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Keep It Personal

How much information do you really need to disclose when you sign up for services and promotions? Here’s what we found out from the Personal Data Protection Commission Singapore.

You spot a good deal on a website – just $18 for a massage at a spa. When you arrive, they pass you a lengthy form to fill up, including your full name, address, phone number, identity card (IC) number and your medical history. And they want to make a photocopy of your IC too. You don’t feel comfortable with it and protest. “It’s company policy. You have to give us your full details,” insists the therapist. Or perhaps, you fill in a lucky draw coupon that promises a grand prize of a new car. You didn’t win it. However, you soon find yourself receiving all sorts of marketing e-mails and even calls, urging you to accept one-week free trials at the gym, for hair loss, even slimming treatments.  Sometimes, they call you even when you’re abroad, racking up your phone bill unnecessarily. How did they get your contact? “We cannot disclose the source but it was from a database,” says the telemarketer. Chances are, you “willingly” gave away that information when you filled up that lucky draw form or the spa’s “compulsory form”. If you had paid attention to the small print, you might have read the line that you have also consented to sharing your details to receive other marketing information. So, are there guidelines about how much information you really need to provide? We get the low-down from a spokesperson from the Personal Data Protection Commission Singapore (PDPC).

Q: What is the bare minimum we must disclose?

Under the Personal Data Protection Act (PDPA), organisations can request for your consent for the collection, use and disclosure of personal data that’s required to provide a product or service. Organisations are not allowed to withhold their products or services if you refuse to provide consent, where such personal data is not reasonably required. For example, when signing up for a spa package, a spa may ask for data such as your name and contact number so that they can call you to remind you of your appointments. “However, the spa cannot force you to agree to further conditions, such as having to share your personal data with third parties in order to provide you a service, as it would not be reasonable,” says the PDPC representative.

Q: Can we say no to shops that insist on getting excessive personal information?

As good practice, organisations should avoid over-collecting personal data, including IC numbers, and consider whether there may be alternatives available that can equally address their requirements. As a consumer, you may ask the organisations why the collection of your personal data is necessary.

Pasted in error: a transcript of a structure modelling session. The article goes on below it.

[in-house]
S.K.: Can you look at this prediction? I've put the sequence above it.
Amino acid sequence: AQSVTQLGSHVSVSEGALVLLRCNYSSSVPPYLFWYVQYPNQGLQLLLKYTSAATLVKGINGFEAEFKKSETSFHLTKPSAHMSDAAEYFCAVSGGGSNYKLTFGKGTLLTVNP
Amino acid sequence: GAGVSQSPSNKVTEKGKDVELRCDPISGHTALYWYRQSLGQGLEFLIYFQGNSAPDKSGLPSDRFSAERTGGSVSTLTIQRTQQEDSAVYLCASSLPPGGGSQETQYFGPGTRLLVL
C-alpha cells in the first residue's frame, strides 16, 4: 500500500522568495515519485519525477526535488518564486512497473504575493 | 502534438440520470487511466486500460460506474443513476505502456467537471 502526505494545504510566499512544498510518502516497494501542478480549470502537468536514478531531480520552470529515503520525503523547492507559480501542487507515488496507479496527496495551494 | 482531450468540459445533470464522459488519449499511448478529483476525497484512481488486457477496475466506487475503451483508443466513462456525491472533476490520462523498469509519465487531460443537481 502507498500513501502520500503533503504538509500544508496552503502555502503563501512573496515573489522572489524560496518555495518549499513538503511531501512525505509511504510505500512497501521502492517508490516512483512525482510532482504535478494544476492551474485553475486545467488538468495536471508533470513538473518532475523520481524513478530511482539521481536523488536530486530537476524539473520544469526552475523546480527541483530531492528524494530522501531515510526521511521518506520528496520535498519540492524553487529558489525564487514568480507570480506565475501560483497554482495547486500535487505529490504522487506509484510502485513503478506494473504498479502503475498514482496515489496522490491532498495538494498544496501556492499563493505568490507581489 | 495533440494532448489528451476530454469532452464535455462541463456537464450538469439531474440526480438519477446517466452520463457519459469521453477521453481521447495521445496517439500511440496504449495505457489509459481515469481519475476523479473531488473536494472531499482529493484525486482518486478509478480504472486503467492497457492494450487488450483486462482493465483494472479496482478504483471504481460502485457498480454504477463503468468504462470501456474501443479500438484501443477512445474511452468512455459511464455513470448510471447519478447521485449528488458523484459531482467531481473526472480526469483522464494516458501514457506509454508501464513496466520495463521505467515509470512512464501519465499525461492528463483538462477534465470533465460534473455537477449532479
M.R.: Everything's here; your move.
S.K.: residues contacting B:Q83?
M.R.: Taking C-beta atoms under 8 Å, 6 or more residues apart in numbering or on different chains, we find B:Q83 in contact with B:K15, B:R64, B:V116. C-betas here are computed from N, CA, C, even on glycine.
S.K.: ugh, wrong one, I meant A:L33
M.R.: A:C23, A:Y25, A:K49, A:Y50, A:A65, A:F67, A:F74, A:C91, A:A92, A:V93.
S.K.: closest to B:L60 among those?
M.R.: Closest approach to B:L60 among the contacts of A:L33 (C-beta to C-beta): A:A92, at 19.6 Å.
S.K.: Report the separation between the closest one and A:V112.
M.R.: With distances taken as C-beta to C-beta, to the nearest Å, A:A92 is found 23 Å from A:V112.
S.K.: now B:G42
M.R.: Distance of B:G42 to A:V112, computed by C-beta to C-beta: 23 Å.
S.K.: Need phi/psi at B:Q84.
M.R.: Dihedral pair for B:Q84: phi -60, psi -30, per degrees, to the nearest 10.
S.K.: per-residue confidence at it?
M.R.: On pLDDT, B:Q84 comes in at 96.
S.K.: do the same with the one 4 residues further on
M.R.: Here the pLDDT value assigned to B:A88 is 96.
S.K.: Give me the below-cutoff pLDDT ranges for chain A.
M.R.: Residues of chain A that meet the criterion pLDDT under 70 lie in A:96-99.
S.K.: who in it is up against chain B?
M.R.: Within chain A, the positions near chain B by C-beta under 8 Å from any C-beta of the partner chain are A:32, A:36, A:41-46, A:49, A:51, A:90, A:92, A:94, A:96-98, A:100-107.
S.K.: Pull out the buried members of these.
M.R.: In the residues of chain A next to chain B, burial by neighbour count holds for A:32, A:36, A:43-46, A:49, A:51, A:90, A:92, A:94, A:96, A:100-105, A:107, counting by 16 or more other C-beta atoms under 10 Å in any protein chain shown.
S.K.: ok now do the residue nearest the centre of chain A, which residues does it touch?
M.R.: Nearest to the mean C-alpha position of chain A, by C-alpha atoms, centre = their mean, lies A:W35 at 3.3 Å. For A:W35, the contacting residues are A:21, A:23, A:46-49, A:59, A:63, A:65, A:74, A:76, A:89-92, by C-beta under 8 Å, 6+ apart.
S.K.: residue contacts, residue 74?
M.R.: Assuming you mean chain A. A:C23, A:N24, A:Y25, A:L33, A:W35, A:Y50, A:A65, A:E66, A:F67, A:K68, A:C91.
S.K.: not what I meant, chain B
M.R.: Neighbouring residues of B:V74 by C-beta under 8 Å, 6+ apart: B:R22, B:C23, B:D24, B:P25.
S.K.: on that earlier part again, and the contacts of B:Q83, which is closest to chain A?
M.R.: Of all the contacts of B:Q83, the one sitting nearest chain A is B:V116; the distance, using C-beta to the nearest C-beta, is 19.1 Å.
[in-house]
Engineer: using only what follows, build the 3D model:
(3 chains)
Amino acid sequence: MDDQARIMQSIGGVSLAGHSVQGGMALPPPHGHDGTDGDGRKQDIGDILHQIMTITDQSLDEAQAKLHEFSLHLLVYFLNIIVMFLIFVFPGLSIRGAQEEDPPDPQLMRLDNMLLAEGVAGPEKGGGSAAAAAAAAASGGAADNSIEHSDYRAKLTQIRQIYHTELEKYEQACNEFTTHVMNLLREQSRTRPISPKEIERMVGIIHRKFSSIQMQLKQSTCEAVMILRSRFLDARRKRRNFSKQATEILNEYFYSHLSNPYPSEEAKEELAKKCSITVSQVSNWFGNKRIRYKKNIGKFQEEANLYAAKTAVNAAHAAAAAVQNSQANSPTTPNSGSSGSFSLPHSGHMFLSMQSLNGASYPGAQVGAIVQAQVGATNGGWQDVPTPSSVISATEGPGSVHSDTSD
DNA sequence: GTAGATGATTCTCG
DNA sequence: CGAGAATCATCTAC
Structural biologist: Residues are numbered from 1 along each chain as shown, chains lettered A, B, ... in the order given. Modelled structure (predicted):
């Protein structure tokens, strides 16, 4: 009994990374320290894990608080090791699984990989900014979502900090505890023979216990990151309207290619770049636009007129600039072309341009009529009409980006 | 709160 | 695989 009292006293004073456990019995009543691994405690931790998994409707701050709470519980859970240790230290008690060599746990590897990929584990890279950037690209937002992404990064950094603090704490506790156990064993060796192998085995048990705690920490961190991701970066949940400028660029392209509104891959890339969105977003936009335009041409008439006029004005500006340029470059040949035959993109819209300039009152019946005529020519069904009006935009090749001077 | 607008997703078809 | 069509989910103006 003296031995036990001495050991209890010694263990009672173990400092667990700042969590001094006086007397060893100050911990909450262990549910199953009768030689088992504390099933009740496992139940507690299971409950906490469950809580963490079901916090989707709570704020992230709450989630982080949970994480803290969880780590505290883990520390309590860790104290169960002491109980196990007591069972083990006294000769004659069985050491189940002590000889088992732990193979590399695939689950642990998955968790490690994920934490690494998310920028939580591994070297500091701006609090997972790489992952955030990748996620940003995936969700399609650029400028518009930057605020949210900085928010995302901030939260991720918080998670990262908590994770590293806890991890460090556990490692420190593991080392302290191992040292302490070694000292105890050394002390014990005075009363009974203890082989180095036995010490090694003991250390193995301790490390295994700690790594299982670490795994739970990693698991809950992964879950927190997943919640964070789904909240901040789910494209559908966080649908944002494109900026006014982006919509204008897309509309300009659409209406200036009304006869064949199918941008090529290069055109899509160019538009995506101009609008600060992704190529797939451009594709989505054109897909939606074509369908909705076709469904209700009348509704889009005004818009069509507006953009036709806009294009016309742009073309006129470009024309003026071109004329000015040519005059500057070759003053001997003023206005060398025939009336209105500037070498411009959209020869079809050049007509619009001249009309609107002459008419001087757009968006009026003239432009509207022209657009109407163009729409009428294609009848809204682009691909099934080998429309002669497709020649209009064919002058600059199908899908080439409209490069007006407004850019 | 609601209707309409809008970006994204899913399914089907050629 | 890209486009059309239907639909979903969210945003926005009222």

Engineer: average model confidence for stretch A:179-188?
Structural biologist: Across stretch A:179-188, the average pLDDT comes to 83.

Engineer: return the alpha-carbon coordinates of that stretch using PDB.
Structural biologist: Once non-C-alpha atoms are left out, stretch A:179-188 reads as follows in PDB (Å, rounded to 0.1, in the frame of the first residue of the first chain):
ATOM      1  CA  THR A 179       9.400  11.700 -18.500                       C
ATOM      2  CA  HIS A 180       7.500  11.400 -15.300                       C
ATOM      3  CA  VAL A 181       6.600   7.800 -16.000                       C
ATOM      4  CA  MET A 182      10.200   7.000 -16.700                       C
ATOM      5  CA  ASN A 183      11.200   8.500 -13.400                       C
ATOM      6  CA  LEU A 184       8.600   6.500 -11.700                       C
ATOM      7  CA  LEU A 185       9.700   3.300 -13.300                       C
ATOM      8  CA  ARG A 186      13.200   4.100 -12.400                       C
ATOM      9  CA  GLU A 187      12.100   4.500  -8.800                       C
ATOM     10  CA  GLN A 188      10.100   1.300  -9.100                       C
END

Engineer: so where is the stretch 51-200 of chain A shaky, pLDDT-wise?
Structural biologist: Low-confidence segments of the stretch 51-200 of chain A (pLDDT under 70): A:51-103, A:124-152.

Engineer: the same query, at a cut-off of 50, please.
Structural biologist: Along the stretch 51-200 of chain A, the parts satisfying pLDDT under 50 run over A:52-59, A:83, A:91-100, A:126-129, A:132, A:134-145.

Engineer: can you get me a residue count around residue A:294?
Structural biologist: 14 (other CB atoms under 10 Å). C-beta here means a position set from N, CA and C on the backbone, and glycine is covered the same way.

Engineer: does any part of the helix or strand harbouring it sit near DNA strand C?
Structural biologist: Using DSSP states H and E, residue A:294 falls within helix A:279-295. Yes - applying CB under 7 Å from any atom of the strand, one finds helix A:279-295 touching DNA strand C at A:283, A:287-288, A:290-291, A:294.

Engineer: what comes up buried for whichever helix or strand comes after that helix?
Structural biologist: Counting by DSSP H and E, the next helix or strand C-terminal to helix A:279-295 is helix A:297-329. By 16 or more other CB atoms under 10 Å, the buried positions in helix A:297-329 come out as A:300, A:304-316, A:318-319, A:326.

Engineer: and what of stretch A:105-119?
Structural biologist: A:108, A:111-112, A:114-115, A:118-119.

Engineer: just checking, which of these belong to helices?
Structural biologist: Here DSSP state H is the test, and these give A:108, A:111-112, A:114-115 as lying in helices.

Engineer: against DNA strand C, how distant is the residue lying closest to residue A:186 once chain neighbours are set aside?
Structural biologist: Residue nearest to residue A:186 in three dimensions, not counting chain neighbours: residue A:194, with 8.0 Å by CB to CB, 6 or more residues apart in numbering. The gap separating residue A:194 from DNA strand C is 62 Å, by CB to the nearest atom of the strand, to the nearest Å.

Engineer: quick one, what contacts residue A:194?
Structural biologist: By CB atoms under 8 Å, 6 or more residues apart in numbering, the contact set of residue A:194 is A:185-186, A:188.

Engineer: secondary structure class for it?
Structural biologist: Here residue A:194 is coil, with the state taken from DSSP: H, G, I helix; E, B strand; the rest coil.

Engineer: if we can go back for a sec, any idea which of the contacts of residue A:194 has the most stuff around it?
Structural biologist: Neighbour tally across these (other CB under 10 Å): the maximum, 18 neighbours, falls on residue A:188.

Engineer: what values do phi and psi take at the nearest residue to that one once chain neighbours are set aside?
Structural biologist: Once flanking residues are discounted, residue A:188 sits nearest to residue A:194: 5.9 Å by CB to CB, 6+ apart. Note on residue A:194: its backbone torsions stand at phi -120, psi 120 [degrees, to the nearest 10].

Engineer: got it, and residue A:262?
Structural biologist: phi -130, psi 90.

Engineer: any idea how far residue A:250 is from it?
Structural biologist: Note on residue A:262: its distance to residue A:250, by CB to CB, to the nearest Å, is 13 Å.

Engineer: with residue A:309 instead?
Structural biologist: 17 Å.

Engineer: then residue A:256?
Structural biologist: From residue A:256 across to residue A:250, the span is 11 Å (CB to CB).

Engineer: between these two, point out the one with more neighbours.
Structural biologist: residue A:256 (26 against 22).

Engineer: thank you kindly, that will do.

Q: Last year, karaoke chain K Box made the news when their member database was hacked into. As consumers, what are our rights? What are companies liable for in such cases?

Under the PDPA, organisations are required to make reasonable security arrangements to protect the personal data in their possession or control.

Q: What actions can we take if we suffer loss of privacy due to a security breach? Can we sue?

Any individual who suffers loss or damage directly as a result of a data protection contravention by an organisation can take the organisation to court through civil proceedings. Individuals affected by hacking incidents may also wish to consider lodging a report with the police to determine if an offence had been committed under the Computer Misuse and Cybersecurity Act or any other applicable laws.

Q: Many of us include e-mail addresses or phone numbers on social media websites. Can companies use that information to “legally” contact us, since it’s on a public platform?

Under the PDPA, organisations generally have to seek consent for the use, collection and disclosure of your personal data. However, if you put your e-mail address or telephone number on social media platforms that are open to the public, this is considered publicly available information that anyone can use. If an organisation wants to send telemarketing messages to your telephone number, they cannot do so if your telephone number is registered on the Do Not Call (DNC) Registry unless they have an ongoing relationship with you or have asked you for consent to do telemarketing. This obligation applies even if the organisation had collected your telephone number from a publicly available source. To register, go to www.dnc.gov.sg

 

By Stella Thng, Simply Her, March 2015

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